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The following remarks were made by Professor Richard Toye at an event held this week at the Irish Embassy to commemorate the centenary of the Third Home Rule Act. The event, which also featured Professors Paul Bew and Michael Laffan, and former Taoiseach John Bruton, will be broadcast on BBC Parliament at 9pm on 5 July.
The 1914 Home Rule Act was, by any standards, a messy compromise. But was it a good compromise or a bad one?
Given that it was not put into effect in 1914, we can argue that it might, under the right conditions, have succeeded. Yet this strikes me as overoptimistic. Collectively, the British and Irish politicians who were involved in the bitter arguments over Ireland’s future, were unable to reach meaningful agreement over what should be done, even though they were just about capable of reaching a supposed solution that papered over the yawning gaps between the parties. Bluntly, they failed – and failed quite badly.
Is the Home Rule Act worth commemorating, then?
To answer this, we need to answer two other questions.
1) Why did the 1914 Act come about?
2) Why did it not solve the problem that it was designed to solve?
The Act came about because the two general elections of 1910 ended in a draw. Therefore the Irish Parliamentary Party held the balance of power, and was able to make the Liberal government’s enaction of Home Rule the price of its continued support.
It did it not solve the problem that it was designed to solve because the Unionist opponents of Home Rule viewed it as an existential issue and were willing, so they said, to fight for it to the death, and were literally prepared to contemplate civil war. The Liberals, for their part, were never prepared to call the Unionists’ bluff – and we still don’t know what the results would have been if they had done so.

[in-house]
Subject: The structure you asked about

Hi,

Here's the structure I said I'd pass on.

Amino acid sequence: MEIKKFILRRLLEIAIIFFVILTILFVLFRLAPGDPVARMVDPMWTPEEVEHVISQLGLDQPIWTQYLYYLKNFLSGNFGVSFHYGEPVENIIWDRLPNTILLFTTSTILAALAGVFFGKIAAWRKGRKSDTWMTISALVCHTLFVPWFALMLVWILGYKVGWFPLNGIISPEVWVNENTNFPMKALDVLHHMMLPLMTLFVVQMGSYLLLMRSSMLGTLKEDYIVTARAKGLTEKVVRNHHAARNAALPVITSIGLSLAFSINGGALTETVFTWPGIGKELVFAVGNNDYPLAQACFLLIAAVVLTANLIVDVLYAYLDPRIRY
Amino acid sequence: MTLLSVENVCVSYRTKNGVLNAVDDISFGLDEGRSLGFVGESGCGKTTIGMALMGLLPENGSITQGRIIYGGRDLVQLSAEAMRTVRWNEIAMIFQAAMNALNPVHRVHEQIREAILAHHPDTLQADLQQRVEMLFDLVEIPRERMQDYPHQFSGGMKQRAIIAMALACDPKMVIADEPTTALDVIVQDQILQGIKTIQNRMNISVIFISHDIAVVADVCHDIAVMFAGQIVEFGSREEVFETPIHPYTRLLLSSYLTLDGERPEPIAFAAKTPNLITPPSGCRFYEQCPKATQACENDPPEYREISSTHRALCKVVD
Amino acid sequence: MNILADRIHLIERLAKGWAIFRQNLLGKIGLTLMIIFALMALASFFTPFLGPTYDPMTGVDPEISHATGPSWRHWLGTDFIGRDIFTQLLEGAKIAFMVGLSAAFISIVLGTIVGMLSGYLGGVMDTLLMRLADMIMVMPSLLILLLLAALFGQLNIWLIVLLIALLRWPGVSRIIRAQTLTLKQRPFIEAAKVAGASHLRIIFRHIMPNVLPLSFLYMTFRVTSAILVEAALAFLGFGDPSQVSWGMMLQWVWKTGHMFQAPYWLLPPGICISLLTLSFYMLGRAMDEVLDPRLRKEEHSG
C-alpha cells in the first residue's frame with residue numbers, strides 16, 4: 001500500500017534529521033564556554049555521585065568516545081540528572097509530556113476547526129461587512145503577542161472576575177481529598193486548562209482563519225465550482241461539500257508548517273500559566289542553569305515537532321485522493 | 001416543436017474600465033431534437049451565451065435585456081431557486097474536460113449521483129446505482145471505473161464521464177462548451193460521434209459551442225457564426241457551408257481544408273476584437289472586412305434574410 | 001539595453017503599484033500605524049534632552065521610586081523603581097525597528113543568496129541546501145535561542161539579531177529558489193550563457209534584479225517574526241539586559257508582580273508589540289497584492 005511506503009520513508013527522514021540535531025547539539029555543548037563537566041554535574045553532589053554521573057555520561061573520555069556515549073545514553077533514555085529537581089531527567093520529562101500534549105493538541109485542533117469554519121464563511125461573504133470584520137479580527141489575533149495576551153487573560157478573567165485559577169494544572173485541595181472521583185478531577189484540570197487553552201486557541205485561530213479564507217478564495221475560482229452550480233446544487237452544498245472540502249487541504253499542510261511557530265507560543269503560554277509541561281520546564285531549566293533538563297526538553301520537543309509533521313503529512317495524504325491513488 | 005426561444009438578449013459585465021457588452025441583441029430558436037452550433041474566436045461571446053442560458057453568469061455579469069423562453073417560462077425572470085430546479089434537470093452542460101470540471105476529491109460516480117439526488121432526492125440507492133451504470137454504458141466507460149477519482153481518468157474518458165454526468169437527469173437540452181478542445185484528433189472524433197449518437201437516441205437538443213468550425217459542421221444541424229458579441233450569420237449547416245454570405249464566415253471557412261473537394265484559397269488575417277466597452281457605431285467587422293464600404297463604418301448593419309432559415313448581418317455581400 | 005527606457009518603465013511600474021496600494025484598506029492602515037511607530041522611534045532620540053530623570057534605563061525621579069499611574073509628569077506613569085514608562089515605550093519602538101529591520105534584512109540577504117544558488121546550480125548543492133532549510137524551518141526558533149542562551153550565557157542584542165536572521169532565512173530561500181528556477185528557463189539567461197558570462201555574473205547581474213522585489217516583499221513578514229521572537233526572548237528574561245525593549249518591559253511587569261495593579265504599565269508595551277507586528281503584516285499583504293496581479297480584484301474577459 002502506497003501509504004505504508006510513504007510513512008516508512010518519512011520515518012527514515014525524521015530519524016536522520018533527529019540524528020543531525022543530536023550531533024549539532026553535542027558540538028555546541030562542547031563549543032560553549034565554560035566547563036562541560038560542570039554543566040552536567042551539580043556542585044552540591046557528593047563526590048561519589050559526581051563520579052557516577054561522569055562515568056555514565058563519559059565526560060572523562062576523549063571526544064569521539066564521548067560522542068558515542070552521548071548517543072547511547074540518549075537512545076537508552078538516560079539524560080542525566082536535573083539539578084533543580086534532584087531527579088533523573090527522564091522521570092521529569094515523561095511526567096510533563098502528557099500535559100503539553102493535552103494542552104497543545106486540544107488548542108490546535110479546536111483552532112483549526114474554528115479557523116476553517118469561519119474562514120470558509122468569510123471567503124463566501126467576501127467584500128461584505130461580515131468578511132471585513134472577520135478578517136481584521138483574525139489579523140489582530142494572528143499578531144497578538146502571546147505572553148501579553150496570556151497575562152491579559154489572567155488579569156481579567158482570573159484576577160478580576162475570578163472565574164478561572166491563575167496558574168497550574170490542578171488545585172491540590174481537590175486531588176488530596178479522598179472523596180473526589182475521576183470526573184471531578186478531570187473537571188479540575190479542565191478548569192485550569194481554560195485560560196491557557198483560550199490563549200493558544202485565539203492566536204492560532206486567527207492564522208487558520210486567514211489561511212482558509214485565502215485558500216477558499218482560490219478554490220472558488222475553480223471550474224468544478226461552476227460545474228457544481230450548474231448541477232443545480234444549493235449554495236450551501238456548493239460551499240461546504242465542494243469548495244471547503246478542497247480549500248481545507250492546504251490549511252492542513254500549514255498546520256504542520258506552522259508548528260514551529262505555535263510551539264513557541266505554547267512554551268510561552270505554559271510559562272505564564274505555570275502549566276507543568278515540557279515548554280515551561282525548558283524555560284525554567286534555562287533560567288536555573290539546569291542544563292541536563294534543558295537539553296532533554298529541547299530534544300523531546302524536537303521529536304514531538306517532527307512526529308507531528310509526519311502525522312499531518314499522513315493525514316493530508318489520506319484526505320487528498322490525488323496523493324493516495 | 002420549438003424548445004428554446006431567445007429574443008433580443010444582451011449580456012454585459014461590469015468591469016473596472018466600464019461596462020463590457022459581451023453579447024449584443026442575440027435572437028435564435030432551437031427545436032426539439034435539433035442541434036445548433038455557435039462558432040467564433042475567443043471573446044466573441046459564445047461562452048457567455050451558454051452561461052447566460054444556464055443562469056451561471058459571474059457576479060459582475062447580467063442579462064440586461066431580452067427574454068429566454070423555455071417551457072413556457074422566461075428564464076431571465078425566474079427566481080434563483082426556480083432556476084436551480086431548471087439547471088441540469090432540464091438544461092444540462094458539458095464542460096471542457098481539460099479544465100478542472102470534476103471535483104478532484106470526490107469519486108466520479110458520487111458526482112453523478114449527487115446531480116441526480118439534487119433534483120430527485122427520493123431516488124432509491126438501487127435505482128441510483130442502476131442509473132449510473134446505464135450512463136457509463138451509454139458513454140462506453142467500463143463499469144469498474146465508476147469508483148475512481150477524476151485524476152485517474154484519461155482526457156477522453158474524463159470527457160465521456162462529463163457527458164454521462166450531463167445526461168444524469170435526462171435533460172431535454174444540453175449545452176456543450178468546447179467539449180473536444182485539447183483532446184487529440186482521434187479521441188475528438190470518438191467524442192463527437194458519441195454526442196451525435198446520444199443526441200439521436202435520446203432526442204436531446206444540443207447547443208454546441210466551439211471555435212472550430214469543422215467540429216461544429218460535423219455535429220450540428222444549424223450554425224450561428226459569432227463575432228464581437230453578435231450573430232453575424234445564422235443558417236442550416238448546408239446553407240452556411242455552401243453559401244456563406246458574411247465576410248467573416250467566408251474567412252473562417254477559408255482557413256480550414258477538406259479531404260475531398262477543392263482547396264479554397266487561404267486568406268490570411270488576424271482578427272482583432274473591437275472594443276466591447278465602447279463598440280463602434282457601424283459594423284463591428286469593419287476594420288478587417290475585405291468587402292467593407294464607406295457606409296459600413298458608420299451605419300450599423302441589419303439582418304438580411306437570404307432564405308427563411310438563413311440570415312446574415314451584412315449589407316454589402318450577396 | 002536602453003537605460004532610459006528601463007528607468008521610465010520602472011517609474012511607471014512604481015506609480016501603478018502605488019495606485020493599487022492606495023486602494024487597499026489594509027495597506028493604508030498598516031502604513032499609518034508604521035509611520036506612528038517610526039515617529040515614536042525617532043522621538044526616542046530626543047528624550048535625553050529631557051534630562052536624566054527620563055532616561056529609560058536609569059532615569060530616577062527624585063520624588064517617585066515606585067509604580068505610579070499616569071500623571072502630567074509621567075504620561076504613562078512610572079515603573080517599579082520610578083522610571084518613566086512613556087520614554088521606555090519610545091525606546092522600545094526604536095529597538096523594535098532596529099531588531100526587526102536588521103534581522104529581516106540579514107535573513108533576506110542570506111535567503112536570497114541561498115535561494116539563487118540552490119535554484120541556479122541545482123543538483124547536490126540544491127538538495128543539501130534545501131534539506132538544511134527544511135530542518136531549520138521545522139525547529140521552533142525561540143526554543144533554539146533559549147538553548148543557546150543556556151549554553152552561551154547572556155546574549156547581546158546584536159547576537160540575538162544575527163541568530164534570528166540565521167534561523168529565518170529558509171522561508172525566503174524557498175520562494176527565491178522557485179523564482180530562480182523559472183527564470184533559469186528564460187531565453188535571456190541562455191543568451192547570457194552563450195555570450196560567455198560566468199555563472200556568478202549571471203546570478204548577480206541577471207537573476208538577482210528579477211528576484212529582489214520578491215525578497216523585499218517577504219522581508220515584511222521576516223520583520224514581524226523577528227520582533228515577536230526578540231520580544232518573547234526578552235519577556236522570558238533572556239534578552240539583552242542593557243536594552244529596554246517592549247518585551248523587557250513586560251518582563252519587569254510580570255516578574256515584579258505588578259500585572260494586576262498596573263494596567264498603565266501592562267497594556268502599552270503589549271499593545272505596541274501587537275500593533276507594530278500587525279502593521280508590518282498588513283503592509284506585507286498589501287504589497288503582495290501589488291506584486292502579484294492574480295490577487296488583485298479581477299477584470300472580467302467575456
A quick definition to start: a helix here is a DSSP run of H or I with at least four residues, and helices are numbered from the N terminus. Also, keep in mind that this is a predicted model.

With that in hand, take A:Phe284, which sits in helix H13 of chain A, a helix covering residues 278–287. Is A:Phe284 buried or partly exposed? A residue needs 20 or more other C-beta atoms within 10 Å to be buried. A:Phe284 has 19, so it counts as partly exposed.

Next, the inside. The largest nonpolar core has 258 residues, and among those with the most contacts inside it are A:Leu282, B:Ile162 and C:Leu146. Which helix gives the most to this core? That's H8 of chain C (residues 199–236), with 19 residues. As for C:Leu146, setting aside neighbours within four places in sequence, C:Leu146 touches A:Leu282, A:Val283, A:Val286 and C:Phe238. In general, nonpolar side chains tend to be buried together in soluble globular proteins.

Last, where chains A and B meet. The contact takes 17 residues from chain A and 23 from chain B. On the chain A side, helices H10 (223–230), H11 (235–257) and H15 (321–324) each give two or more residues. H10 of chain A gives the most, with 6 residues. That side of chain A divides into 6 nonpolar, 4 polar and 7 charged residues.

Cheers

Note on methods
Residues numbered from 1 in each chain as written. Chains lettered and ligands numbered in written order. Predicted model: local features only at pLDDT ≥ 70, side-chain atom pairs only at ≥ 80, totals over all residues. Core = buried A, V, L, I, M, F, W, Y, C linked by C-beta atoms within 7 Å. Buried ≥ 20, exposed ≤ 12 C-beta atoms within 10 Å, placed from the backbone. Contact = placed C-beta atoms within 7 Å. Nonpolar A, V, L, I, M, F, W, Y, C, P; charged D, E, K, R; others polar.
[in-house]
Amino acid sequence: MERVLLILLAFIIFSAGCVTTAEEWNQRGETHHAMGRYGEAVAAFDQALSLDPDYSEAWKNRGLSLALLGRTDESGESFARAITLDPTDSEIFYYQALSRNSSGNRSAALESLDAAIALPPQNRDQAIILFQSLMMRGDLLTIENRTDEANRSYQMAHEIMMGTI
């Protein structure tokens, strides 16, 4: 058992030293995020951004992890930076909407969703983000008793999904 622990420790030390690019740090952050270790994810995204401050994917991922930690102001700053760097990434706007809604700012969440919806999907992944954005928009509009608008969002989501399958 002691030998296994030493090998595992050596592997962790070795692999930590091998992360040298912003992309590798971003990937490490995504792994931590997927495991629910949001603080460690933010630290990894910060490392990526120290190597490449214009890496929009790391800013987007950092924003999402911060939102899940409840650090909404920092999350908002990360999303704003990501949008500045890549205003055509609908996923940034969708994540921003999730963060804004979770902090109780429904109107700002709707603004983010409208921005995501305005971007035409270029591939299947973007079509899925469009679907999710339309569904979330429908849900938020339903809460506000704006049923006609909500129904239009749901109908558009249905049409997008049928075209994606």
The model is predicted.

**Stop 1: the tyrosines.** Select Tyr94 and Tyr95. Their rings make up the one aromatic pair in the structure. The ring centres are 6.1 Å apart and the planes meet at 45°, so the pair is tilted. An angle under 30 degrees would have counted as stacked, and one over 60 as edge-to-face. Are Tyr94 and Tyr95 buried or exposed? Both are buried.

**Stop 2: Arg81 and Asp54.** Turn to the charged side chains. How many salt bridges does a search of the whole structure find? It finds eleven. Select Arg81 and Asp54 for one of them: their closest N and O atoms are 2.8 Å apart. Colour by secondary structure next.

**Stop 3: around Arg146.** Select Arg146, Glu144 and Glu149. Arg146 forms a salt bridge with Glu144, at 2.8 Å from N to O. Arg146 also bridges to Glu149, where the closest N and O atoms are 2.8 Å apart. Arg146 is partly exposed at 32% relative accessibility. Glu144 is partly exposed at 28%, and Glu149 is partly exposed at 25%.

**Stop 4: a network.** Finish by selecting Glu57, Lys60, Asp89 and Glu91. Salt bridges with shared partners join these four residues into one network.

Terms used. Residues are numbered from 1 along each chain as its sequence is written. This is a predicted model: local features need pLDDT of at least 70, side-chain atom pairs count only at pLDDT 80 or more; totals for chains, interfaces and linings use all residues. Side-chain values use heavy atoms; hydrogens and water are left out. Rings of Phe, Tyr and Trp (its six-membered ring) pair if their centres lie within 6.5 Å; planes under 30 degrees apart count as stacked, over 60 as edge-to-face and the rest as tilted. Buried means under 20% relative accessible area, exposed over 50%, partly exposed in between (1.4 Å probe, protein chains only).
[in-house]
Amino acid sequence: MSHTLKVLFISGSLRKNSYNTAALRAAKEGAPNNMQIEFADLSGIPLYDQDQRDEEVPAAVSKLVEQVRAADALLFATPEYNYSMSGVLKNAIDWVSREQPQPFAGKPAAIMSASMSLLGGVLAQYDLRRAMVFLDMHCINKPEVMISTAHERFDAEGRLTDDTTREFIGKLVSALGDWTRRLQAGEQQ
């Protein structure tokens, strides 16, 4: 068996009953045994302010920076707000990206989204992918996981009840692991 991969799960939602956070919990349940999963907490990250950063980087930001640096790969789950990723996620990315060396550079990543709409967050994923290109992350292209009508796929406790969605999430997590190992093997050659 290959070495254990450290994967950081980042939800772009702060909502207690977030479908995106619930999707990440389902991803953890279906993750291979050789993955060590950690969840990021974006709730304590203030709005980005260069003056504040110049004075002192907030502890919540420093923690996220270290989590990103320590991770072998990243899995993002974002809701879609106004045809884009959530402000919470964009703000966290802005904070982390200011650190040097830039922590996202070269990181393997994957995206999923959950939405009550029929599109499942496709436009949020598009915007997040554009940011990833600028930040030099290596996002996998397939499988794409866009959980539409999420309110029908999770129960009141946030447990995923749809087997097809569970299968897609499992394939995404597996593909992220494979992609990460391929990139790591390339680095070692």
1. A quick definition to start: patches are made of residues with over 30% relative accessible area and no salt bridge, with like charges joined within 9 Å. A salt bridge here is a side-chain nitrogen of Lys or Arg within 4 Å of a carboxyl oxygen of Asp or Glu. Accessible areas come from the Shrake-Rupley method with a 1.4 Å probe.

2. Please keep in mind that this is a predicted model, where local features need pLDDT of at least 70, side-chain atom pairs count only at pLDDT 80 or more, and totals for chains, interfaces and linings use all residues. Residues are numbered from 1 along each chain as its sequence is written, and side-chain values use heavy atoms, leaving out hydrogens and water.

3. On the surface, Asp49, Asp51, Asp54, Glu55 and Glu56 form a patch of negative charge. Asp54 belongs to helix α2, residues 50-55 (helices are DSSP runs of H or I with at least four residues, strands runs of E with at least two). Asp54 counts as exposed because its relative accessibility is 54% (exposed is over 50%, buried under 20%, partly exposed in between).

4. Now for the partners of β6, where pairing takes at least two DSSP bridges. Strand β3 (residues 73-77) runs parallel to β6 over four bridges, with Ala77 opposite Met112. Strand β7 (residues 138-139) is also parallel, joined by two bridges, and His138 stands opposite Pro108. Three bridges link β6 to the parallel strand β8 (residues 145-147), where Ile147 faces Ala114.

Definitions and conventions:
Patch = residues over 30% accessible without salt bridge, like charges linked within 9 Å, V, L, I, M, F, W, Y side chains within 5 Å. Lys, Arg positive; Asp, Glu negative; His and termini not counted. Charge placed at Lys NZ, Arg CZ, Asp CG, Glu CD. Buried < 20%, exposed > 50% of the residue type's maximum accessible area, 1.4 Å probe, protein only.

The Liberals successfully pressured the IPP to compromise, but this was futile, because – whether out of high-minded principle or stubborn intransigence – there was no compromise that the unionists were prepared to accept.
It was for this reason that, from the point of view of some members of the British cabinet, the outbreak of World War I came almost as a blessed relief. The Home Rule Bill went onto the statute book, but with its operation delayed until the end of the war – in effect slamming the lid on the political pressure cooker.
So, I ask again, is it worth commemorating? Fifty years ago, no-one thought so: the idea of an event like tonight taking place in 1964 would have been inconceivable. But I say yes, commemoration is worthwhile. We may not agree on the Act’s meaning or on its fundamental desirability. But if today we commemorate the failure of a political process, we can also celebrate the processes of reconciliation that have brought us here to discuss this undoubtedly momentous centenary.
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